Jenn Ghetto, of S., sang just above a murmur, but the sweetly somber tunes kept audience members rapt.
When Kristy Scott, aka Starlings Murmurations
, starts to talk, she starts to panic. She couldn't help it, though.
“I feel like I’m going to say more—I’m really excited about tonight,” she told a crowd at The Crux on Wednesday, Sept. 4.
She had good reason to be excited. The audience may have been small—the head count never reached 25—but Scott was still opening for the Seattle bands S.
and Night Cadet
. And regardless of the modest turnout, all three acts gave solidly enjoyable performances.
As small as the crowd was at The Crux, attendance at Neurolux’s On An On show was apparently even sparser. Sun Blood Stories’ Andy Rayborn, who performed at the latter concert with local opener Mt. Joy, said that only four people were in the audience when he played. Both concerts may have suffered from having to compete against Adam Ant at the Revolution Concert House and MGMT at the Knitting Factory.
Considering the headlining band’s pedigree, it was a shame that more people didn’t come down to The Crux. S.’s leader, Jenn Ghetto, fronted the cult indie rock band Carissa’s Weird
in the late '90s and early 2000s. Members of the earlier band included Sera Cahoone
, who headlined the Radio Boise Tuesday on May 28, and Ben Bridwell, who now leads Band of Horses
The musicians didn’t seem to let the small crowd inhibit their performances. First up was Starlings Murmurations, whose spare melodies and suggestive lyrics got the night off to a good start. Kristy Scott’s voice sounded lower and stronger than it has in the past, but still retained its high, vulnerable beauty. Her clear vocals contrasted nicely with her guitar’s fuzzy distortion. Despite her initial reservations about talking, her open, friendly banter helped keep her songs’ frequent references to water and drowning from feeling too ominous.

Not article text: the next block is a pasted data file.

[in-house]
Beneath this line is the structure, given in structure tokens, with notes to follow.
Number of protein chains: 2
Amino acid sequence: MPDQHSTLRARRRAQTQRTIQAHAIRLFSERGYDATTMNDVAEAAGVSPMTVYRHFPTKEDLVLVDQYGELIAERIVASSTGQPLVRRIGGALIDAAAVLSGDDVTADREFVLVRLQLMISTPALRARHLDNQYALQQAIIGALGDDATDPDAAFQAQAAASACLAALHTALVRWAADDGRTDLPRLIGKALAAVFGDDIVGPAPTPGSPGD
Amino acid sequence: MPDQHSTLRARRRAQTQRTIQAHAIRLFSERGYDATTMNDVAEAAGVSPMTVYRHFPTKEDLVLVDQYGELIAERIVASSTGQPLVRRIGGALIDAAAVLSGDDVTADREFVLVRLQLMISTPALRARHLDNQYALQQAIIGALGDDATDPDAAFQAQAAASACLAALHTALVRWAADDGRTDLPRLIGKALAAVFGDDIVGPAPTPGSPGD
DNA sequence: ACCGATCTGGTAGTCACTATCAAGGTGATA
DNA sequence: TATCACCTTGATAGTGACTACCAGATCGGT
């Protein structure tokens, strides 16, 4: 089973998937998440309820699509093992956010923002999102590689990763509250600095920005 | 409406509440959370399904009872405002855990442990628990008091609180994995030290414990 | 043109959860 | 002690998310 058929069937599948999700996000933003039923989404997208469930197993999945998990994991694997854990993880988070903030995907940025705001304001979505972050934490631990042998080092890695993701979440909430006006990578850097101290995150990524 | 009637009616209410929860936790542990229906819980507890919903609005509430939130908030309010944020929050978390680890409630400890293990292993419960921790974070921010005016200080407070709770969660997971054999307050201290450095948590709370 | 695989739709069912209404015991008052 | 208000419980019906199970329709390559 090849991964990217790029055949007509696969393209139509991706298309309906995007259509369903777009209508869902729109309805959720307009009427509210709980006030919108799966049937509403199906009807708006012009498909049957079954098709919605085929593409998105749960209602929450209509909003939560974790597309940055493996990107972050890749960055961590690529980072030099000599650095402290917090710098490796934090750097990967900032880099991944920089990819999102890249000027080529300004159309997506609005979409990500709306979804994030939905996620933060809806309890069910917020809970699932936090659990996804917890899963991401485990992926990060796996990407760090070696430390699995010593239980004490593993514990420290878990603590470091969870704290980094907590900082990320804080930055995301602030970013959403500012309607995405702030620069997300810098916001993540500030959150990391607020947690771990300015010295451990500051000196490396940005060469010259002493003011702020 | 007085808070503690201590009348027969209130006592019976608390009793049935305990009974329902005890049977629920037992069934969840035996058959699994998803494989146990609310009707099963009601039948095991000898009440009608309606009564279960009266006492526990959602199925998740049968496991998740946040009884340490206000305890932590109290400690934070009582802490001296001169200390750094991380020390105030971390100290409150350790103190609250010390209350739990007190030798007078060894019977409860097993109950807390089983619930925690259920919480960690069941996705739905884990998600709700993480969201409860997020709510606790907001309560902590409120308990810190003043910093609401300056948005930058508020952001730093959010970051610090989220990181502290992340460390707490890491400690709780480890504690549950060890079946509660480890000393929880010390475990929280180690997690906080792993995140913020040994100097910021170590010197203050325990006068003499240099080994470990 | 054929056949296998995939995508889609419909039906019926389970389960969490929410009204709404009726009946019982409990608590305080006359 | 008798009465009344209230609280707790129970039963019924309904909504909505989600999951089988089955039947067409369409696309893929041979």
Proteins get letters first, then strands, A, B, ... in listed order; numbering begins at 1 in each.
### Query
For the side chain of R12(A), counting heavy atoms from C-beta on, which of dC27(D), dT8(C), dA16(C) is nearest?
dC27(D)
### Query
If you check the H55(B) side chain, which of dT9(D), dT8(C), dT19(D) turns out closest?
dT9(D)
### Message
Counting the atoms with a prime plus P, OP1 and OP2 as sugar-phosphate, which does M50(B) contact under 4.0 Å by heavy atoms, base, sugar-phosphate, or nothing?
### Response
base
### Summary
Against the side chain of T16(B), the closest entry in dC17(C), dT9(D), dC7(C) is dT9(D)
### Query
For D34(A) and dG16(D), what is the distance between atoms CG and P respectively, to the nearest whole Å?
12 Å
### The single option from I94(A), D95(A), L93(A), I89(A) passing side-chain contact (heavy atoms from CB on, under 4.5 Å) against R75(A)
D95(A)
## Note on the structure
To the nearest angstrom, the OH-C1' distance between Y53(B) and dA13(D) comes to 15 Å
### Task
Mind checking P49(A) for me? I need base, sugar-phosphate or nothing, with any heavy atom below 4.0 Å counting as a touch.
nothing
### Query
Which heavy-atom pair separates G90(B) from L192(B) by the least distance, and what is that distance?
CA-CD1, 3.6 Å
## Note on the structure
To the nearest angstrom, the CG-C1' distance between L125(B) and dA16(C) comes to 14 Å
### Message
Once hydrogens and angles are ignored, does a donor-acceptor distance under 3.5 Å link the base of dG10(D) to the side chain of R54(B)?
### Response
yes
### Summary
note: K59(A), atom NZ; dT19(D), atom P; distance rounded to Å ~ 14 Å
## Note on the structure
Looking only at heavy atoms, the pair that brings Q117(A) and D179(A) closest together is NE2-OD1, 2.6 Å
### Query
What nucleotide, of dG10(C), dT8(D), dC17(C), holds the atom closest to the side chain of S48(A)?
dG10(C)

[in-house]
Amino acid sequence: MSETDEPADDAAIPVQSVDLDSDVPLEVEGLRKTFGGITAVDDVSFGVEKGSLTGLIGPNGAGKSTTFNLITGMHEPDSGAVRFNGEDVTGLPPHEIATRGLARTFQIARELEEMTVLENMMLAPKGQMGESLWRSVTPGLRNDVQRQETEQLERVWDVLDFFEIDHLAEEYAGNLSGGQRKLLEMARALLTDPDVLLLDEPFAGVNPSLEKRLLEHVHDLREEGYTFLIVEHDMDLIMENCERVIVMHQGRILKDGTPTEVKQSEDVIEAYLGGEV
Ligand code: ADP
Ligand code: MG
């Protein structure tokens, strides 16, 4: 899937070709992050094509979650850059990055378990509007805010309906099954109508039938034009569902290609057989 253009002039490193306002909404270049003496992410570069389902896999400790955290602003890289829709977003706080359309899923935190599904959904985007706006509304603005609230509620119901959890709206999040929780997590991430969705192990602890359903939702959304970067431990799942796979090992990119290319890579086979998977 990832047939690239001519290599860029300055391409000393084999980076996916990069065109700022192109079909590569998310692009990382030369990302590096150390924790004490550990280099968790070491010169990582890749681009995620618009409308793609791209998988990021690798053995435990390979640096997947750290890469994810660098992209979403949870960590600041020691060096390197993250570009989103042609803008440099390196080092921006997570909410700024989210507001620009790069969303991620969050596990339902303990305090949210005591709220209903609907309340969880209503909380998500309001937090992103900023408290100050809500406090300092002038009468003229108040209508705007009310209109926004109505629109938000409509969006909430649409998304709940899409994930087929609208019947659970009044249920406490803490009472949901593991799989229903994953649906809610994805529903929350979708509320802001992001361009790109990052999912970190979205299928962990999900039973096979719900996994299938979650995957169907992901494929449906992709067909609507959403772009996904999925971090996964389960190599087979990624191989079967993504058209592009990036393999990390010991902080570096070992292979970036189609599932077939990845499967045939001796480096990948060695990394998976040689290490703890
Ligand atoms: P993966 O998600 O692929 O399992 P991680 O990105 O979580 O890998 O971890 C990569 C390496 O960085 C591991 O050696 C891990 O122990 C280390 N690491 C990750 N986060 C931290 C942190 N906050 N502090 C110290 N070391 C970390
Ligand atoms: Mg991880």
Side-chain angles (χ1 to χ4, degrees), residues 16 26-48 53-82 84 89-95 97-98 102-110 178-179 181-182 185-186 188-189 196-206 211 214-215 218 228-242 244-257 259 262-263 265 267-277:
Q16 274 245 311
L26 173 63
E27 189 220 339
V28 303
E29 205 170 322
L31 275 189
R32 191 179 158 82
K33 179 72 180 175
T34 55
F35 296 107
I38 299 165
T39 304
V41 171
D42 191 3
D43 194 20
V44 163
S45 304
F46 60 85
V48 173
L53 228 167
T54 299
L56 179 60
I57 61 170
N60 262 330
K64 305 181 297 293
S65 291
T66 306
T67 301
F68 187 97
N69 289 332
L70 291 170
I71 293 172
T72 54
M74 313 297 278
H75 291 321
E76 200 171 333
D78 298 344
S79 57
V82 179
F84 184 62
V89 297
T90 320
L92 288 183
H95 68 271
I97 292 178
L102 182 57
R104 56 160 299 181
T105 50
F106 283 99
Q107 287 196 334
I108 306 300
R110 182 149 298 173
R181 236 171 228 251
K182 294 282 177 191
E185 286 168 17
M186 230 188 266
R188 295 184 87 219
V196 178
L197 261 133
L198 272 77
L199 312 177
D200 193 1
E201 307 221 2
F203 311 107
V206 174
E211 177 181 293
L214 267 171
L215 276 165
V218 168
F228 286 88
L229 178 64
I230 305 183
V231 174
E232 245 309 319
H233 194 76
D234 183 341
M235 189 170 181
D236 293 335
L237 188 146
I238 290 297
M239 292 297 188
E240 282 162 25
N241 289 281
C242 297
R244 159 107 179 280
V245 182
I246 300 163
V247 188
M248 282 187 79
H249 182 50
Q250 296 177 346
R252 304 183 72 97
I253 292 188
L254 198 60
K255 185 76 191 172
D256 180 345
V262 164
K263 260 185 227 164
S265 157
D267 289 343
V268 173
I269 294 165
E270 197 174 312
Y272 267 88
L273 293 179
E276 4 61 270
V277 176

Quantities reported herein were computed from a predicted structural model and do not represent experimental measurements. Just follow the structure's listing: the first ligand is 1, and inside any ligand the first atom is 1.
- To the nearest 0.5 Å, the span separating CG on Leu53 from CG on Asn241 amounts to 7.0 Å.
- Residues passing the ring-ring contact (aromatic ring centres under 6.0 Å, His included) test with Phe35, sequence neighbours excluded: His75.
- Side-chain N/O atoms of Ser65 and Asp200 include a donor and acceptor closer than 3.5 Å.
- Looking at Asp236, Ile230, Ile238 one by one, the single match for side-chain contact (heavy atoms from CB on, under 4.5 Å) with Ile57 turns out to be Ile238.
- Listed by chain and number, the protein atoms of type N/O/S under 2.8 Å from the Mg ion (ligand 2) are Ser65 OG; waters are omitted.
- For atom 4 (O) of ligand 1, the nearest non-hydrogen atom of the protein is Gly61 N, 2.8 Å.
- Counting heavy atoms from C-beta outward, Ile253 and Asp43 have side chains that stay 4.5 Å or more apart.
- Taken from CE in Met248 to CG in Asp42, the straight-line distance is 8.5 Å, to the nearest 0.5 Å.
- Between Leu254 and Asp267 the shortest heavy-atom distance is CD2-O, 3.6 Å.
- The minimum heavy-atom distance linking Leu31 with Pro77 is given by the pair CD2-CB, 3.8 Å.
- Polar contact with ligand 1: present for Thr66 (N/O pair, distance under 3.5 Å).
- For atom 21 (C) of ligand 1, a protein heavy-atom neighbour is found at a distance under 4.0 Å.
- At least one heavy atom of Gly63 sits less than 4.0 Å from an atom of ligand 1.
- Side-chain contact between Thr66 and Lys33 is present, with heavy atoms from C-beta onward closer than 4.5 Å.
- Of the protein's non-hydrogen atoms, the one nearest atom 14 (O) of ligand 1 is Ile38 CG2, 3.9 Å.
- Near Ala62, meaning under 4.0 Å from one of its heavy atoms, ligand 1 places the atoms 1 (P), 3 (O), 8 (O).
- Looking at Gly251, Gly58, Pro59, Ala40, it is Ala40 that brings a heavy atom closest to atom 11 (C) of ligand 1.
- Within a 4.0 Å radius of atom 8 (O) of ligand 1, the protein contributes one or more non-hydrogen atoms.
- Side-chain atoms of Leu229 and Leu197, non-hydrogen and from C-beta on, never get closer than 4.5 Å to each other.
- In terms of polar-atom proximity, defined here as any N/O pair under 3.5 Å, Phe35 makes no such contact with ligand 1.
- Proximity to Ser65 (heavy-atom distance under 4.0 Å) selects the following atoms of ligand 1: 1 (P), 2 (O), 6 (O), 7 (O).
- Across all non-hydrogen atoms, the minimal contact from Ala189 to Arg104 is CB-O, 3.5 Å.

Kristy Scott, aka Starlings Murmurations, sang clear and strong, but stayed true to her voice's high, vulnerable beauty.
Night Cadet played next and kept up the pensive mood established by Scott. Seth Garrison’s swooning vocals and misty keyboard blended with Barret Anspach’s soothing violin, Garrett Vance’s chiming guitar and Spencer Bray’s nimble drumming. The group’s wistful melodies and driving rhythms created a sound that was at once dreamy and tough.
S. finished the show with a well-honed performance. Jenn Ghetto may have sung barely above a murmur and gazed at the floor for most of the set, but the band’s weaving guitar lines, understated bass and quick, light drumming were forthright enough. The sharp arrangements and sweetly somber tunes called to mind The Hot Rock-era Sleater-Kinney.
The audience stayed seated for most of the show, but that didn’t indicate lack of interest. Rather, people applauded warmly throughout and grooved in their seats during S.’s set.
“This is our last one,” Ghetto announced near the end.
“No!” three girls sitting up front shouted in unison.
Scott wasn’t alone in her enthusiasm, apparently.